Wait Time II grabbed my attention…something, I’m not sure I’ve ever done consciously.  As I read more – the authors encouraged  to use a 3-5 second pause AFTER the student answers and before you respond to their answer – this allows both the student and the class to think about the response…  GREAT. IDEA.  Makes so much sense – seems so simple – so why haven’t I thought about it before? I know I’ve repeated a student response and paused – but I believe this will have a positive affect in my classroom.

This Formative Assessment Classroom Technique (FACT) “informs instruction because it encourages longer, richer answers, the teacher gains a better sense of what the students know and the reasoning they use to formulate their ideas.  Practicing Wait Time increases the sample from which teachers can gain information about the progress of learning in the class.”

On page 214, the following effects on teacher practice have been attributed to Wait Time:

  • teacher responses are more thoughtful, tend to keep the discussion focused and ongoing.
  • the quality of teacher feedback improves
  • teachers ask fewer questions – the questions asked require increase in cognitive demand
  • more is expected from previously nonparticipating students

In many cases, students are used to rapid-fire questioning (the one who answers fastest, must be the smartest).  Its important when beginning your growth focused on wait time – to explain to students “WHY” wait time is used and the reason for your long pauses.  When they understand the why, the long pauses will not be uncomfortable or as one of my students phrased “awkward.”  There is a suggested Wait Time Poster found on page 215 – definitely worth a look.  It, like many classroom routines, will need to be practiced before it becomes the norm.  Don’t give up…

Each FACT is organized with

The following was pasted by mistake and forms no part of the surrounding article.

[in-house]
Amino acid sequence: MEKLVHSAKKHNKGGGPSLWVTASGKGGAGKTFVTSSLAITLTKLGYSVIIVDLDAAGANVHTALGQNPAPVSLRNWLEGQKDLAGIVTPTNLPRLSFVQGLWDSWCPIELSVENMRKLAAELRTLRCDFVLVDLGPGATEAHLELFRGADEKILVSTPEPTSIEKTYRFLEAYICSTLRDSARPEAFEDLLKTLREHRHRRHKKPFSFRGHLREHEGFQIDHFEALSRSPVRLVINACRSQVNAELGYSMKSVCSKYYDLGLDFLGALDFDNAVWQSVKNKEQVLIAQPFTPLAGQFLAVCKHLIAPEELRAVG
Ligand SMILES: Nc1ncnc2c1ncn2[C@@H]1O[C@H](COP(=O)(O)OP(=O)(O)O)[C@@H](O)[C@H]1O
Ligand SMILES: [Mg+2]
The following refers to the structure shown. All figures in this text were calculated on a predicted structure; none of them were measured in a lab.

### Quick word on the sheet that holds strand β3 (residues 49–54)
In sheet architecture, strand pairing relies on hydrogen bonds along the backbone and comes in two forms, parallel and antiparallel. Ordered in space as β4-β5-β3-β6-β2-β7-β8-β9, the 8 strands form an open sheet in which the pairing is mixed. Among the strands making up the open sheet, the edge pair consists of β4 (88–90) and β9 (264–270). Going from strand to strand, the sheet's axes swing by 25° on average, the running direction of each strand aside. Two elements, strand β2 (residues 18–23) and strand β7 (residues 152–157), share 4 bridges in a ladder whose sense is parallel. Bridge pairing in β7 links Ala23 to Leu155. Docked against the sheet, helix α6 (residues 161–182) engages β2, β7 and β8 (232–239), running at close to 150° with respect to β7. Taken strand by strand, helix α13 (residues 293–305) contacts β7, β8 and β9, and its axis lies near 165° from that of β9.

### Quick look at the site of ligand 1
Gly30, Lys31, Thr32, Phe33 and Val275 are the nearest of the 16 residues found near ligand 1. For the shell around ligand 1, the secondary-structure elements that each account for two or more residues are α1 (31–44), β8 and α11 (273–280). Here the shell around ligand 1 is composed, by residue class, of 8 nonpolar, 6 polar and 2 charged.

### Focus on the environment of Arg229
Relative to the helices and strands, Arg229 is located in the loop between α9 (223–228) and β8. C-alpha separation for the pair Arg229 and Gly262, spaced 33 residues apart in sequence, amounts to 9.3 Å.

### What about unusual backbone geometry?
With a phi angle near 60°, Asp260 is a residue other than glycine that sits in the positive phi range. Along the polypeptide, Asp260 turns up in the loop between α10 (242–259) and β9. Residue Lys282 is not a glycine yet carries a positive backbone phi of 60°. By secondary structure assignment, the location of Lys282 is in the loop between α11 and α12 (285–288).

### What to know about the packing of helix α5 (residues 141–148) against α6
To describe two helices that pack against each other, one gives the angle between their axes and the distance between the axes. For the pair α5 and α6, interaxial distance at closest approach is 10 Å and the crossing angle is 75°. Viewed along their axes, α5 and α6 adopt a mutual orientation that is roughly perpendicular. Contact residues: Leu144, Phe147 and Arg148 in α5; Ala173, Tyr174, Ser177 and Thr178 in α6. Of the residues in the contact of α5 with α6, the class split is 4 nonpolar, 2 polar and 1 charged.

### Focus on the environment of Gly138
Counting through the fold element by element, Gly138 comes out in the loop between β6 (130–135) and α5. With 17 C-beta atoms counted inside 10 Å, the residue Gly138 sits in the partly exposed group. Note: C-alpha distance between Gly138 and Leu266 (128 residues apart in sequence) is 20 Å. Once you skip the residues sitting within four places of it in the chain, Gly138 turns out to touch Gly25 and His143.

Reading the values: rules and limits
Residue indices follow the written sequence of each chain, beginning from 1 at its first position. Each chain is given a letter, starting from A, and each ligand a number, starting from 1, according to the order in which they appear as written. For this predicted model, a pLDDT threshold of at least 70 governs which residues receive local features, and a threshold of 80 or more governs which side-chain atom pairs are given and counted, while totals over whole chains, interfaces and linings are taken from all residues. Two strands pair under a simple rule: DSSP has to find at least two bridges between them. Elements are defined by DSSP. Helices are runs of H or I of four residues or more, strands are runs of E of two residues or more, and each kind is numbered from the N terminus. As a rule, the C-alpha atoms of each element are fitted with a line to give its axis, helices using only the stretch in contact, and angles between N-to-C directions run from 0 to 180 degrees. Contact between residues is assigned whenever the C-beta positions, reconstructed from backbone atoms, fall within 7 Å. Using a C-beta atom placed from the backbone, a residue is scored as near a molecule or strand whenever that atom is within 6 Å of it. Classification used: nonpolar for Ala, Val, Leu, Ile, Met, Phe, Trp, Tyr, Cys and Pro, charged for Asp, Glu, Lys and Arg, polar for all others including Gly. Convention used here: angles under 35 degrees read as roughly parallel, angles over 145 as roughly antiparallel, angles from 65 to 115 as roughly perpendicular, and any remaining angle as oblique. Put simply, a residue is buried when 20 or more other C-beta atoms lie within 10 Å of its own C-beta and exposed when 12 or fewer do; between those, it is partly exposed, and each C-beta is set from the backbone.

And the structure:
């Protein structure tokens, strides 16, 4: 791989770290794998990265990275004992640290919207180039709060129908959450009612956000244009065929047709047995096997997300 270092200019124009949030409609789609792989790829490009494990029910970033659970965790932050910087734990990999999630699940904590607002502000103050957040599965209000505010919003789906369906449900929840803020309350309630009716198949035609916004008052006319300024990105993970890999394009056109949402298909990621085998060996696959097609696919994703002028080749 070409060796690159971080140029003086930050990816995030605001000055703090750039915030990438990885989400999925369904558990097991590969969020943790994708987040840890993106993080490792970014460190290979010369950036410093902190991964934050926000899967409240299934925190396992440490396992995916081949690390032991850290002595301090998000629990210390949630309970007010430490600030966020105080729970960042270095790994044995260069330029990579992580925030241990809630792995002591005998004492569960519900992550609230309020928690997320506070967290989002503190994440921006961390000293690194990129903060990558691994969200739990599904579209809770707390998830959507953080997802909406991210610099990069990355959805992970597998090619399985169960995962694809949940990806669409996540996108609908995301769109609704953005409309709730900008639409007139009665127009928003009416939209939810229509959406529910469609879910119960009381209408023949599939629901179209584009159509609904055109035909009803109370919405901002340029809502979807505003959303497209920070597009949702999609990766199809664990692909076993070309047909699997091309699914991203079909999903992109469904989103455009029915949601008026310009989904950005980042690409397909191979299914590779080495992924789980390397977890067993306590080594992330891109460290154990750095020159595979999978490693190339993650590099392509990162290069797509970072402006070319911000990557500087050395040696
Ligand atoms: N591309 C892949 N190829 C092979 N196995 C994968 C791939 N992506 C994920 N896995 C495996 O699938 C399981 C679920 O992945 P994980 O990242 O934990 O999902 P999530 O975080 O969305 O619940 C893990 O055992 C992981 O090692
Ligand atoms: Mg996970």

• Description
  • How the FACT supports student learning
  • How the FACT informs instruction
  • Design & Administration
  • General Implementation Attributes
  • Modifications
  • Caveats
  • Use with Other Disciplines

Whether I find new strategies in this book or names for simple things I’ve done for years – I feel it will be a valuable resource for improving my classroom strategies – providing new ideas or great reminders of “Practical Strategies for Linking Assessment, Instruction and Learning.”

My 2012 Reading List


I’ve only begun to read again in the past 3 years – and only choosing to read professionally this past year – largely due to twitter / blogs which linked to articles/books. Three years ago, I was at a Women of JOY conference and had the opportunity to hear Karen Kingsbury speak – down to earth, an humble spirit – a REAL person – an intriguing life story.  I began reading her books and my desire to read was reignited!

When I was younger, I love reading – anything I could get my hands on about historical figures and the fact that my parents took us to historical places for vacation added to this desire.  Around 6th-7th grade, I’m not sure what happened – but I just quit reading unless it was for an assignment, and then I trudged through it.  Maybe I need to revisit Jonathan Livingston Seagull and The Old Man and the Sea – I was not a fan during high school.  Later in college, I began reading John Grisham and Stephen King, but again, very limited.  Shortly after my first year of teaching I read a couple of books by LouAnne Johnson – My Posse’ Don’t Do Homework and The Girls in the Back of the Class.  Again, I only read if required for Master’s classes – not for pleasure.

I saw a tweet by @samjshah last week about his challenge to complete 52 books last year – and thought “How cool is that?!?”

So I posed a request to friends / colleagues.  I set my goal at 25 books – but the list grew and grew and grew and here’s my 2012 Reading List I’ve compiled.  Even as I type – I just received a text for The One Minute Manager.

One book that was recommended by not included on my list, but I would love to recommend, was Unbroken by Laura Hillenbrand – I read it last February – my first read on my Kindle, which my dear husband gave me for my birthday!

Feel free to add to my list – I feel that a love for reading is a love for learning…

You’ll find the list very diverse – my life is blessed with many, many wonderful people – and several of these are recommendations from them!  I hope you’ll find something on my list to inspire you to take some time and read for yourself!



A friend also recommend to keep track of my books.